Iridium provides telephone service at the South Pole, the North Pole, and everywhere in between by tilting the satellites at 90 degrees relative to the Equator, creating a mesh network that routes calls through the chain of satellites. Because the satellites are inclined at 90 degrees to the equator, they pass over both poles, thus providing coverage in these remote areas. To achieve this, Iridium has a network of 66 Low Earth Orbiting (LEO) satellites, and each one of them is connected to the other, allowing for continuous coverage of the earth. When a call is made, it’s routed through the chain of satellites until it reaches the nearest gateway station on dry land. In Iridium’s case, these gateway stations are located in Tempe, Arizona, where the calls are then transferred to regular landline networks for connection to the final destination. This allows Iridium to offer near-global coverage, including the poles and other remote regions.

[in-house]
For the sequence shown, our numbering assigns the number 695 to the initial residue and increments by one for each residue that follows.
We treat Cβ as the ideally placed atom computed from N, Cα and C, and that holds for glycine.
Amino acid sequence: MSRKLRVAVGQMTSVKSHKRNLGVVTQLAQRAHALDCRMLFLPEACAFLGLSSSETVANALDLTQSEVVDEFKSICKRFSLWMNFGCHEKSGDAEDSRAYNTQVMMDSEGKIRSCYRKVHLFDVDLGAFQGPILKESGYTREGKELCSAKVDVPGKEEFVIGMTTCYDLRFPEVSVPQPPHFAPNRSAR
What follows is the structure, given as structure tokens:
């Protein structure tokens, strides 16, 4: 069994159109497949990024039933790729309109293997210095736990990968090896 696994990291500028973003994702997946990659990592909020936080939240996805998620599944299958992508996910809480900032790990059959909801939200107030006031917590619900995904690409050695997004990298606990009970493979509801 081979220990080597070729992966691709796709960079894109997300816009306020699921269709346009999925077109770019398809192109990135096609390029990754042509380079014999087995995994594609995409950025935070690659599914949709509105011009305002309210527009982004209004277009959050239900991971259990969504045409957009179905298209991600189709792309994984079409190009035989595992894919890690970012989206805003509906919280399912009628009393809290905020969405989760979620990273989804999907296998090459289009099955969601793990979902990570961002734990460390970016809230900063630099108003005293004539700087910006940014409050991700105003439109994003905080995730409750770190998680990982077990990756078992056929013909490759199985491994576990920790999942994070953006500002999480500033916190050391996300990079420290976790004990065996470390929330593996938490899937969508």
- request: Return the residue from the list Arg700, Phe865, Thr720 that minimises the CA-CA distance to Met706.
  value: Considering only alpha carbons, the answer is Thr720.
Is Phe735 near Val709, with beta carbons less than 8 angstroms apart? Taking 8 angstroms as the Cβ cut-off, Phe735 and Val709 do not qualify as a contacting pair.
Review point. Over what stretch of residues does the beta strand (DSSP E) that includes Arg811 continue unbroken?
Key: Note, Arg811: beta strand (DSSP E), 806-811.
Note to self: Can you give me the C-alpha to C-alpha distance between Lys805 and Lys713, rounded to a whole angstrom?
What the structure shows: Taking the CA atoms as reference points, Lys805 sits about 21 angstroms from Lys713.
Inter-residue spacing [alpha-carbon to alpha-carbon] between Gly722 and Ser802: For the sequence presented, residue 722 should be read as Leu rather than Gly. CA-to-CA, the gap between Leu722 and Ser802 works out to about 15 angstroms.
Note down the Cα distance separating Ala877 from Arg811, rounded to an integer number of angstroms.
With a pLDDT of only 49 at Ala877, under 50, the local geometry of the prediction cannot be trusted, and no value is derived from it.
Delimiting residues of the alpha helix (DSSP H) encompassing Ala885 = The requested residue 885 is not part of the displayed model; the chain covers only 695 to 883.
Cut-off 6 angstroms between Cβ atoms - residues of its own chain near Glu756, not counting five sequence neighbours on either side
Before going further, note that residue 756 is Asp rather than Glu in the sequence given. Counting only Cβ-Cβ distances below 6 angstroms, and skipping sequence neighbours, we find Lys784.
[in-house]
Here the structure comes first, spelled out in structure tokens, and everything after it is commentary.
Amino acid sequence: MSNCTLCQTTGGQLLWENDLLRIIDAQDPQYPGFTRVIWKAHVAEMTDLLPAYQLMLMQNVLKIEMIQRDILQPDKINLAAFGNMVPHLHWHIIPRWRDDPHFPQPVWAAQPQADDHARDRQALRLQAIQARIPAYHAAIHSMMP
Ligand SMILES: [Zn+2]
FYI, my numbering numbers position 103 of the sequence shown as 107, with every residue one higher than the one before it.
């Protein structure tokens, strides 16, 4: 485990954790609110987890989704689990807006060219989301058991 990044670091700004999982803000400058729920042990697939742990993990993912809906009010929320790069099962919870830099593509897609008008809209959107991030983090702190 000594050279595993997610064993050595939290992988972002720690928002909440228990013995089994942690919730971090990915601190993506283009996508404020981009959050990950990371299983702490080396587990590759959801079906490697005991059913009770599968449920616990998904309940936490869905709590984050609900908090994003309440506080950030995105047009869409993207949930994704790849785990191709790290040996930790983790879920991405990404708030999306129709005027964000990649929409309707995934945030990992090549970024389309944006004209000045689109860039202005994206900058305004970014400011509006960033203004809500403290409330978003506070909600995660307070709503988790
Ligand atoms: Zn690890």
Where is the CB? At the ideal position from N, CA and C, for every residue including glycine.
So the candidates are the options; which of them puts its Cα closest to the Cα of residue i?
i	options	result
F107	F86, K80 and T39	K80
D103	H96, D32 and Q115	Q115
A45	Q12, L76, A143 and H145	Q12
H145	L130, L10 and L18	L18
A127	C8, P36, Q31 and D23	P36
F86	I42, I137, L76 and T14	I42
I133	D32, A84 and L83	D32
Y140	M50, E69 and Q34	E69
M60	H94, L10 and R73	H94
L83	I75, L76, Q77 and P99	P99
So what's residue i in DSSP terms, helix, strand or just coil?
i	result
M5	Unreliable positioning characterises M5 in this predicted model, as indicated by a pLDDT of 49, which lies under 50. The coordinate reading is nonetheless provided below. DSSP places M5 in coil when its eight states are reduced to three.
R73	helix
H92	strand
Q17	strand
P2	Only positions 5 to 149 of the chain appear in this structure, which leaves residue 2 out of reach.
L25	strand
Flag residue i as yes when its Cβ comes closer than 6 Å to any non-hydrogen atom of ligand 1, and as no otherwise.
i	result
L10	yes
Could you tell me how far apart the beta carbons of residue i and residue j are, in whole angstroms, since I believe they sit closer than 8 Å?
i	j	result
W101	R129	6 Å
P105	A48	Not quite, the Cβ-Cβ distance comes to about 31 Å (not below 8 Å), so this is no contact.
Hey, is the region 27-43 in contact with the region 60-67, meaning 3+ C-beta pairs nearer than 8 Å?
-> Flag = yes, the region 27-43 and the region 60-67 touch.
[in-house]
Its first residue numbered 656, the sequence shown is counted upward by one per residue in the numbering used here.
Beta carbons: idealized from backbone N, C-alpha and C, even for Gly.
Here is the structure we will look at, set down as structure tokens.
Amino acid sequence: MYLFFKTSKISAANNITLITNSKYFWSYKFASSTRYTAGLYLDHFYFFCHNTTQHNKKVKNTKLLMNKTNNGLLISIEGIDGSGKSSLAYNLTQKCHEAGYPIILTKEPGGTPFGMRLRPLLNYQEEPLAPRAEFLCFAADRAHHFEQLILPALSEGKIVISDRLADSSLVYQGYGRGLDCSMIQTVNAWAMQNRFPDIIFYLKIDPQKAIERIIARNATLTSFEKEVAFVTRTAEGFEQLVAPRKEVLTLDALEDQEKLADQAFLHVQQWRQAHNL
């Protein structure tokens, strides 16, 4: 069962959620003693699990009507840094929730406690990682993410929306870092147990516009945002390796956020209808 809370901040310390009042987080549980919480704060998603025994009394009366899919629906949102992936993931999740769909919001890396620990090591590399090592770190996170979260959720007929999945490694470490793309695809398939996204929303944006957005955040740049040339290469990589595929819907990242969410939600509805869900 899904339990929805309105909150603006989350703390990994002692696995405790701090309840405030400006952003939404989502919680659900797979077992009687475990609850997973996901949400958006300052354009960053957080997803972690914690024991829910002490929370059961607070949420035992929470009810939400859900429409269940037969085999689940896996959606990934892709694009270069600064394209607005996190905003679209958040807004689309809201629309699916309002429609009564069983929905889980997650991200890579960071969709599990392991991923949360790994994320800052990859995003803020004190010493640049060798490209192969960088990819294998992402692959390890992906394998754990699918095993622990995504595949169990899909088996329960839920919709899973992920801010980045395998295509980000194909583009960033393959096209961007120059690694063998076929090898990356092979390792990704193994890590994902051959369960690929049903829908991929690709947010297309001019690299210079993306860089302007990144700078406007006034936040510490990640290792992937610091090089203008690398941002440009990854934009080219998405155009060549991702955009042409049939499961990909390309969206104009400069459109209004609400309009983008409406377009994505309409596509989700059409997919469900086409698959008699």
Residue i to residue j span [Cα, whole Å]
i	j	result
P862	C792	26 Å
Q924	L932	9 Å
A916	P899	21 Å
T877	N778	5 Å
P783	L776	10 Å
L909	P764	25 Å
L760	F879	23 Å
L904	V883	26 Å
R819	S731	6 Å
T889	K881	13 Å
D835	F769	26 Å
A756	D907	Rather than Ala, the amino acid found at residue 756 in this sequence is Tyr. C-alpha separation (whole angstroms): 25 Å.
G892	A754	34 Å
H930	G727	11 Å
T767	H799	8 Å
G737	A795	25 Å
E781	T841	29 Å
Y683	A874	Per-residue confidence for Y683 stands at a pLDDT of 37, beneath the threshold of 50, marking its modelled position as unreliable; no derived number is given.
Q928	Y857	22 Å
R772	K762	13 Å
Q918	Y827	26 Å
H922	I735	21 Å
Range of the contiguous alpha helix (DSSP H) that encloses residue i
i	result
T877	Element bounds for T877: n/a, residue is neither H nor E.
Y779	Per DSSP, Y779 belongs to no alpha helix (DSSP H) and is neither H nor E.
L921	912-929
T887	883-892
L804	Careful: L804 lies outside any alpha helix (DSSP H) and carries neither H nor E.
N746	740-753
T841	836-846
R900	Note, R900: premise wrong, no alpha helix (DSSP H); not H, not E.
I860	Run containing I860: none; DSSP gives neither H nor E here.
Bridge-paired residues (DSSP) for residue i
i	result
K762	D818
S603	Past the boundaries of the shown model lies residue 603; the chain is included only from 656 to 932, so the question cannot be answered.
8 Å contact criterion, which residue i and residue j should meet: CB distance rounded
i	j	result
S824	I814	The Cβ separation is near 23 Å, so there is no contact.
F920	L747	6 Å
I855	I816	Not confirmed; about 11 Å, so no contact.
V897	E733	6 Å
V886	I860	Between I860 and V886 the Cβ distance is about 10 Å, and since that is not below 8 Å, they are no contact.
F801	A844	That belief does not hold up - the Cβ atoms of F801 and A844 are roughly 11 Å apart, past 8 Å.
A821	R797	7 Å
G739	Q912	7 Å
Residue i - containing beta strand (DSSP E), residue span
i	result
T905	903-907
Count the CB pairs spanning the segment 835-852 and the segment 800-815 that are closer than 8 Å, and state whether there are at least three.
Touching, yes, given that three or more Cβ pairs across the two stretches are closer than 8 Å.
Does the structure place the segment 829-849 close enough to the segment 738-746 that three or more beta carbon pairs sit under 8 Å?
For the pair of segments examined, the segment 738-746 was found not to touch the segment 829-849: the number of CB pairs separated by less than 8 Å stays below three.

The Iridium satellite network was first proposed by engineers at Motorola in the mid-1980s as a means of providing global cellular telephone coverage. The idea was to launch a large number of satellites into low Earth orbit, which would then be used to relay communications between mobile devices on the ground and the public switched telephone network. The network’s initial slogan was “One World, One Phone, One Number,” which reflected the company’s goal of providing seamless, worldwide communication coverage. However, the project was extremely ambitious and expensive and faced several challenges before becoming operational.